Installing a wood stove in your home can lower your heating bills, provide heat during power outages, and adds an aesthetically pleasing accent to the home. When installing a wood stove, it is very important that the stove maintains all the proper clearances from combustible material. One of the clearances that often gets ignored is the proper floor protection and floor protection type. Having the correct floor protection will prevent costly damage to the home and is as easy as adding a hearth rug or a stove board.
There are two types of floor protection: Type 1 and Type 2.
Type 1 floor protection is known as Ember Protection and Type 2 is known as Thermal Protection.
Type 1: Ember Protection
Type 1 Ember Protection is used for wood stoves that are rated without thermal protection. This means the stove manufacturer has tested the stove to be placed directly on a combustible floor. However, all stoves do require front floor protection to protect the floor from rolling logs and embers. Type 1 Ember Protection types are most often found in the form of a hearth rug. Most hearth rugs claim to be flame retardant. Type 1 Ember Protection will offer no thermal protection for a wood stove.
Type 2: Thermal Protection
Type 2 Thermal Protection is used for wood stoves that have not been tested to sit directly on a combustible floor. Thermal floor protection types are manufactured in the form of a stove board. The stove board safely allows a wood stove to sit on it. Type 2 floor protection stove boards are rated with an R-Value. The R-Value rating on the stove board must meet the R-Value requirement that is stated in the wood stove installation manual. The size of the floor protection must also be the correct size all the way around the stove per the installation manual of the stove. Each stove manufacturer states the appropriate clearance to combustible material in the installation manual. Provided the stove board is large enough, then it can usually be used as Type 1 Ember Protection as well.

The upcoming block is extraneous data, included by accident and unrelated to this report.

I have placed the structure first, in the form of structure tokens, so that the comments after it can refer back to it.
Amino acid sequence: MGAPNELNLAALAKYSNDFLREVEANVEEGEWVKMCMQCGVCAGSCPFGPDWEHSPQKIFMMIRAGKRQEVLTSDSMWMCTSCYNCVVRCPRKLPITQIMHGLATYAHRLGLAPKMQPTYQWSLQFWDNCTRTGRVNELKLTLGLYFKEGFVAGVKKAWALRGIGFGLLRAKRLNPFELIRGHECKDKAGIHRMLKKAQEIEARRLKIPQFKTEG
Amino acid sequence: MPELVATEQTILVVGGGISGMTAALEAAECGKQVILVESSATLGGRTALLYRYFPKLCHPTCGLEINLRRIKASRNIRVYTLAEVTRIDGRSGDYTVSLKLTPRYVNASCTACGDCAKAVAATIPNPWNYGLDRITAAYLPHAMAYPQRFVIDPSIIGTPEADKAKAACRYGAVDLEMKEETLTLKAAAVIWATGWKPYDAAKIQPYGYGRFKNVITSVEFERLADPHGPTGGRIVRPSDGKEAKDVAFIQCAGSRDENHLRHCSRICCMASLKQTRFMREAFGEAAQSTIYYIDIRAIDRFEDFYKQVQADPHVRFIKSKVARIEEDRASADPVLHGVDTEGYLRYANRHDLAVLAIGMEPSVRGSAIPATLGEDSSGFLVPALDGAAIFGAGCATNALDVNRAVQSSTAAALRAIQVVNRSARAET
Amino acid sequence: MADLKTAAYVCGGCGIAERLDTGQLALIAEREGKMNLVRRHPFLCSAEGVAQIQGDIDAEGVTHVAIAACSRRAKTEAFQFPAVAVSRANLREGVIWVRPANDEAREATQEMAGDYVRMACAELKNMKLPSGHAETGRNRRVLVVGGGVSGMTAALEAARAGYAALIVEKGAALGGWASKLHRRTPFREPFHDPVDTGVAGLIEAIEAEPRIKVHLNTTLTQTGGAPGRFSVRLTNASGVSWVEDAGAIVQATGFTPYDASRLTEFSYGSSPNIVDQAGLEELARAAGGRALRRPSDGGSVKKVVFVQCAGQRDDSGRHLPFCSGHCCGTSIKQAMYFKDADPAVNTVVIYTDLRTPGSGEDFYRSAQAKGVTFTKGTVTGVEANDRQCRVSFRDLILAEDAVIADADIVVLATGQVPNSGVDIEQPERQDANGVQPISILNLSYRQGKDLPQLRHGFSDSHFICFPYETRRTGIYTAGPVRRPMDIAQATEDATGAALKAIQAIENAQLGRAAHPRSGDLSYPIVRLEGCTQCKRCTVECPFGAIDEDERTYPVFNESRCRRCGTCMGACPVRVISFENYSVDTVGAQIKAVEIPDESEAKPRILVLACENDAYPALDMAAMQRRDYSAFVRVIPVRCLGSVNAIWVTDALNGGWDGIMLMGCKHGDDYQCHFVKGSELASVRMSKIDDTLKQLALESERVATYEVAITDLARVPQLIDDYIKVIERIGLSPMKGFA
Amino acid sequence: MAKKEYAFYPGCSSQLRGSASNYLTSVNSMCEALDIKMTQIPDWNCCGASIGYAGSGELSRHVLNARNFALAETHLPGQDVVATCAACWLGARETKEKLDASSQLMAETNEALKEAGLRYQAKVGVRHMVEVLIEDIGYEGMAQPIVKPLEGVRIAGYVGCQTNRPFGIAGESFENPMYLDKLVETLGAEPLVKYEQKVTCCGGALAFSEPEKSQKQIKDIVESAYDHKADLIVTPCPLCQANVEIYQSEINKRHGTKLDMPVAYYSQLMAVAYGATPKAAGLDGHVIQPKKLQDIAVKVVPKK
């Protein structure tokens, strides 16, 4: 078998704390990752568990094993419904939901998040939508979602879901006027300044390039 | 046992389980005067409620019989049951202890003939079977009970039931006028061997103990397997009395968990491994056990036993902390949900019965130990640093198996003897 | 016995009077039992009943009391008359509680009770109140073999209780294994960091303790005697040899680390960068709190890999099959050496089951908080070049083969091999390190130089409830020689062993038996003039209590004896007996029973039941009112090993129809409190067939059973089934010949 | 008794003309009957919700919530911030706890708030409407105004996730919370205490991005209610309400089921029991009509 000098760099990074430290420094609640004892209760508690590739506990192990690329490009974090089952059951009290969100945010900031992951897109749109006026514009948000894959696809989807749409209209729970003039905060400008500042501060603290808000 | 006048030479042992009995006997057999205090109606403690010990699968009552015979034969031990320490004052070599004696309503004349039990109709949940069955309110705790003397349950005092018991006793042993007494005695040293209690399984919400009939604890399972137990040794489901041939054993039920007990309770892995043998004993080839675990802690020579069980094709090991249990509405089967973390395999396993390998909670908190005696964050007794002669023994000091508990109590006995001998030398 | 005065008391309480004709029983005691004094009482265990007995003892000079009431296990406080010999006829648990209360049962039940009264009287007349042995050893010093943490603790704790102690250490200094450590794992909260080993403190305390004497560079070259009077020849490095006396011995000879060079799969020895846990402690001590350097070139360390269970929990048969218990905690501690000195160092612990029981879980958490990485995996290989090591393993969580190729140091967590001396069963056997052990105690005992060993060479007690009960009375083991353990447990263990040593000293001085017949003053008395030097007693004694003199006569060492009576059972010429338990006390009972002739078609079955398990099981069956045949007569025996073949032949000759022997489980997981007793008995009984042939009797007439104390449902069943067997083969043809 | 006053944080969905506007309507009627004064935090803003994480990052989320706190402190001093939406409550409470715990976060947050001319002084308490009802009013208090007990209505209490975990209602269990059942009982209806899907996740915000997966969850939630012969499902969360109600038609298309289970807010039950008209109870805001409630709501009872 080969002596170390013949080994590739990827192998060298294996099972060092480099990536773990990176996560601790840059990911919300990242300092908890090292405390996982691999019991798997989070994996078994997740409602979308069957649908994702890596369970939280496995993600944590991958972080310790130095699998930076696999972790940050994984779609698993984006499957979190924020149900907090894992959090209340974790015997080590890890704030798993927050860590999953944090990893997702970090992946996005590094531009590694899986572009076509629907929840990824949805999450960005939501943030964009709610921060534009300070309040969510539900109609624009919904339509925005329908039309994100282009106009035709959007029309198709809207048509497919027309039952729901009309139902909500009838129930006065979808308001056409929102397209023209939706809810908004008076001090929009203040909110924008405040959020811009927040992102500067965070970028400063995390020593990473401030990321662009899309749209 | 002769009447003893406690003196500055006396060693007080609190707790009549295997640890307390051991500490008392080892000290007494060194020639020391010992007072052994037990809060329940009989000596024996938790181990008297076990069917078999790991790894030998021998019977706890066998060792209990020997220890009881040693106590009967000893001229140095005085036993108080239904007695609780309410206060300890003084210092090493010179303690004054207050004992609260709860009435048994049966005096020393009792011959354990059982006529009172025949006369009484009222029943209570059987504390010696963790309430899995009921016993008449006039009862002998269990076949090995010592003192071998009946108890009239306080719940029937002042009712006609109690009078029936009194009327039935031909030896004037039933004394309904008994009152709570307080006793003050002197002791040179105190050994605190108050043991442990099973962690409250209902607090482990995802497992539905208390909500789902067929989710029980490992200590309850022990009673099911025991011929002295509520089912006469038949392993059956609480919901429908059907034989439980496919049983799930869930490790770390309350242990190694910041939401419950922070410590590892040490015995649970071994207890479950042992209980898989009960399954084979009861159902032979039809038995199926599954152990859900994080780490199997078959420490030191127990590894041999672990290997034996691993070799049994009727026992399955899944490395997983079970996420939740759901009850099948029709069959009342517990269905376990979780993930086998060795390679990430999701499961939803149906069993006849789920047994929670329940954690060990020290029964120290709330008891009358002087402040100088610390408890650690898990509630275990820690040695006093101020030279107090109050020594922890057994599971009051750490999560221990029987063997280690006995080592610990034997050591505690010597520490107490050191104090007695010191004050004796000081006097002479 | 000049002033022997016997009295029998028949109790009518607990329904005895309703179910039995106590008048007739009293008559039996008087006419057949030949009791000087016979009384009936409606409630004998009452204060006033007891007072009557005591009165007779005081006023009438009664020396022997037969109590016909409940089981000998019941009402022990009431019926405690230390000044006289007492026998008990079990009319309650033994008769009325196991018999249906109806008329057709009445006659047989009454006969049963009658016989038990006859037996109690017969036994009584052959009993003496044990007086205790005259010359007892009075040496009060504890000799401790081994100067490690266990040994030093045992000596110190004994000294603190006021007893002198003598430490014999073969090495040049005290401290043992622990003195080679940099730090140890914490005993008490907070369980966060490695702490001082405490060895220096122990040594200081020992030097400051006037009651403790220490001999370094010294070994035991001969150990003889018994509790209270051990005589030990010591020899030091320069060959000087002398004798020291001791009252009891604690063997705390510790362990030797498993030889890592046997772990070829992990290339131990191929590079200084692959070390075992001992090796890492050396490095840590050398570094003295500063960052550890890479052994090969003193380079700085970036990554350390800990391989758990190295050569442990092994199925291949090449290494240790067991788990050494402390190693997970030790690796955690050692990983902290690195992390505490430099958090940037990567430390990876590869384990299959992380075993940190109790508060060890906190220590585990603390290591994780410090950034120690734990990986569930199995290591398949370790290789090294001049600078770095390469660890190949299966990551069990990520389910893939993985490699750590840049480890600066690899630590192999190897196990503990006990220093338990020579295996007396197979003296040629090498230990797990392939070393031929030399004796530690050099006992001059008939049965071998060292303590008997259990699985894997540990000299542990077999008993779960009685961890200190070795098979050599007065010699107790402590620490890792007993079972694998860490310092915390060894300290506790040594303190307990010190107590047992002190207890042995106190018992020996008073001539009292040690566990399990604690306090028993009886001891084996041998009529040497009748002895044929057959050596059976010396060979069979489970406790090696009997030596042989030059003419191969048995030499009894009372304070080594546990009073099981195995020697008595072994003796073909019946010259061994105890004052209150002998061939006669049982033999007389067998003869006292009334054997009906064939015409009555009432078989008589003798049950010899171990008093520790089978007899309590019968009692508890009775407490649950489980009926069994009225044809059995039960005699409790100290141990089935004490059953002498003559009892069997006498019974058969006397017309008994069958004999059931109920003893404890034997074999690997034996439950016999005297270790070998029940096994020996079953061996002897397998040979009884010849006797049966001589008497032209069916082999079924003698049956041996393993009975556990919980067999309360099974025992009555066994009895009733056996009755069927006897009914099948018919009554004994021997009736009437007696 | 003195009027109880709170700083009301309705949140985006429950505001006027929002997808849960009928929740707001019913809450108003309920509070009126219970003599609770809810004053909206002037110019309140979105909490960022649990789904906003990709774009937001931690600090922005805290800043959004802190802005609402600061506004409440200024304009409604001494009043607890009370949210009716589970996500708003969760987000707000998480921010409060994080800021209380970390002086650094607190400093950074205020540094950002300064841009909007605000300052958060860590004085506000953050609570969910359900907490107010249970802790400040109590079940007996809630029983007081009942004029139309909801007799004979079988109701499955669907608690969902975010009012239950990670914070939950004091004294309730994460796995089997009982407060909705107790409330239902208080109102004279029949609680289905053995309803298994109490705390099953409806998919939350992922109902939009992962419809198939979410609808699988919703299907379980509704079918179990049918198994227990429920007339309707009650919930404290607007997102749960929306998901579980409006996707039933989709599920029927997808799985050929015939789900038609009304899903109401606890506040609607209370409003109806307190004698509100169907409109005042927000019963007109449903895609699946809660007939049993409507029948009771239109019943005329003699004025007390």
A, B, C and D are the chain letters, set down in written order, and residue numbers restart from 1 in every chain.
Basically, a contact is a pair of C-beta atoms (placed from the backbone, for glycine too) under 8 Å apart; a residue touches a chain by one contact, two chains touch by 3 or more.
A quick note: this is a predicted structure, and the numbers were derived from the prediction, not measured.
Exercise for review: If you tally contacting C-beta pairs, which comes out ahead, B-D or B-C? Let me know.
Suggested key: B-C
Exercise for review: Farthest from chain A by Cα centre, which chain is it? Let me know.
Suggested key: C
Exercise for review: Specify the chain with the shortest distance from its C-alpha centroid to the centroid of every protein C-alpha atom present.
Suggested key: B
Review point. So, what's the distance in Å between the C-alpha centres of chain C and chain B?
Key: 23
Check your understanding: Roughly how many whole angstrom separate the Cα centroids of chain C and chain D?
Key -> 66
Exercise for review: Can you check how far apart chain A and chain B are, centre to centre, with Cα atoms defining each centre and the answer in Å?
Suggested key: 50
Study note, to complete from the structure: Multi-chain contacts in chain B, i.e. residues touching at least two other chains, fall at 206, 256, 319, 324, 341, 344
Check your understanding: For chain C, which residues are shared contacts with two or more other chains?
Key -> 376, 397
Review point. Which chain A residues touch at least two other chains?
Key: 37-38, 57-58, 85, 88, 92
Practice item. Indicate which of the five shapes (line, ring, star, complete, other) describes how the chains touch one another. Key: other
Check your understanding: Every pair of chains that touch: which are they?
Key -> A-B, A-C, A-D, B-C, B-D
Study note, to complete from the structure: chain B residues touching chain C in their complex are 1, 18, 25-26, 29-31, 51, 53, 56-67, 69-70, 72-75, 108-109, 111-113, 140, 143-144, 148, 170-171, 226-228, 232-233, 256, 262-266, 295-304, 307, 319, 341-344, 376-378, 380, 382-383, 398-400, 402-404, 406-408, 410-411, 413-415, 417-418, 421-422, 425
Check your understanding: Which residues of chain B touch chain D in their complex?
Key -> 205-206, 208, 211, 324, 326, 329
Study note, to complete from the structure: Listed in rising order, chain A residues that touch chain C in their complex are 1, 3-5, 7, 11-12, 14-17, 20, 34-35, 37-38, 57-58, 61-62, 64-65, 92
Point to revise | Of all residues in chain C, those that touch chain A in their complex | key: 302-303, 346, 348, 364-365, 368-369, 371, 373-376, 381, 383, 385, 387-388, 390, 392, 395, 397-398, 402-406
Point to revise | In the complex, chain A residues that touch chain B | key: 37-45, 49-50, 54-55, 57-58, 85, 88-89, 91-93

Most Type 2 Thermal Protection stove boards can also be used to reduce a wood stoves clearance to a side wall. The stove board must have a 1" air space between the combustible wall and the stove board to be used to reduce clearances. Non-combustible spacers can be used to ensure there is ventilation on all four sides of the stove board. The clearance reduction can be up to 66%. However, after the reduction of listed clearances, the clearance should not be less than 12". If you're looking for a safe and economical way to reduce the clearances of a stove, a stove board is the answer.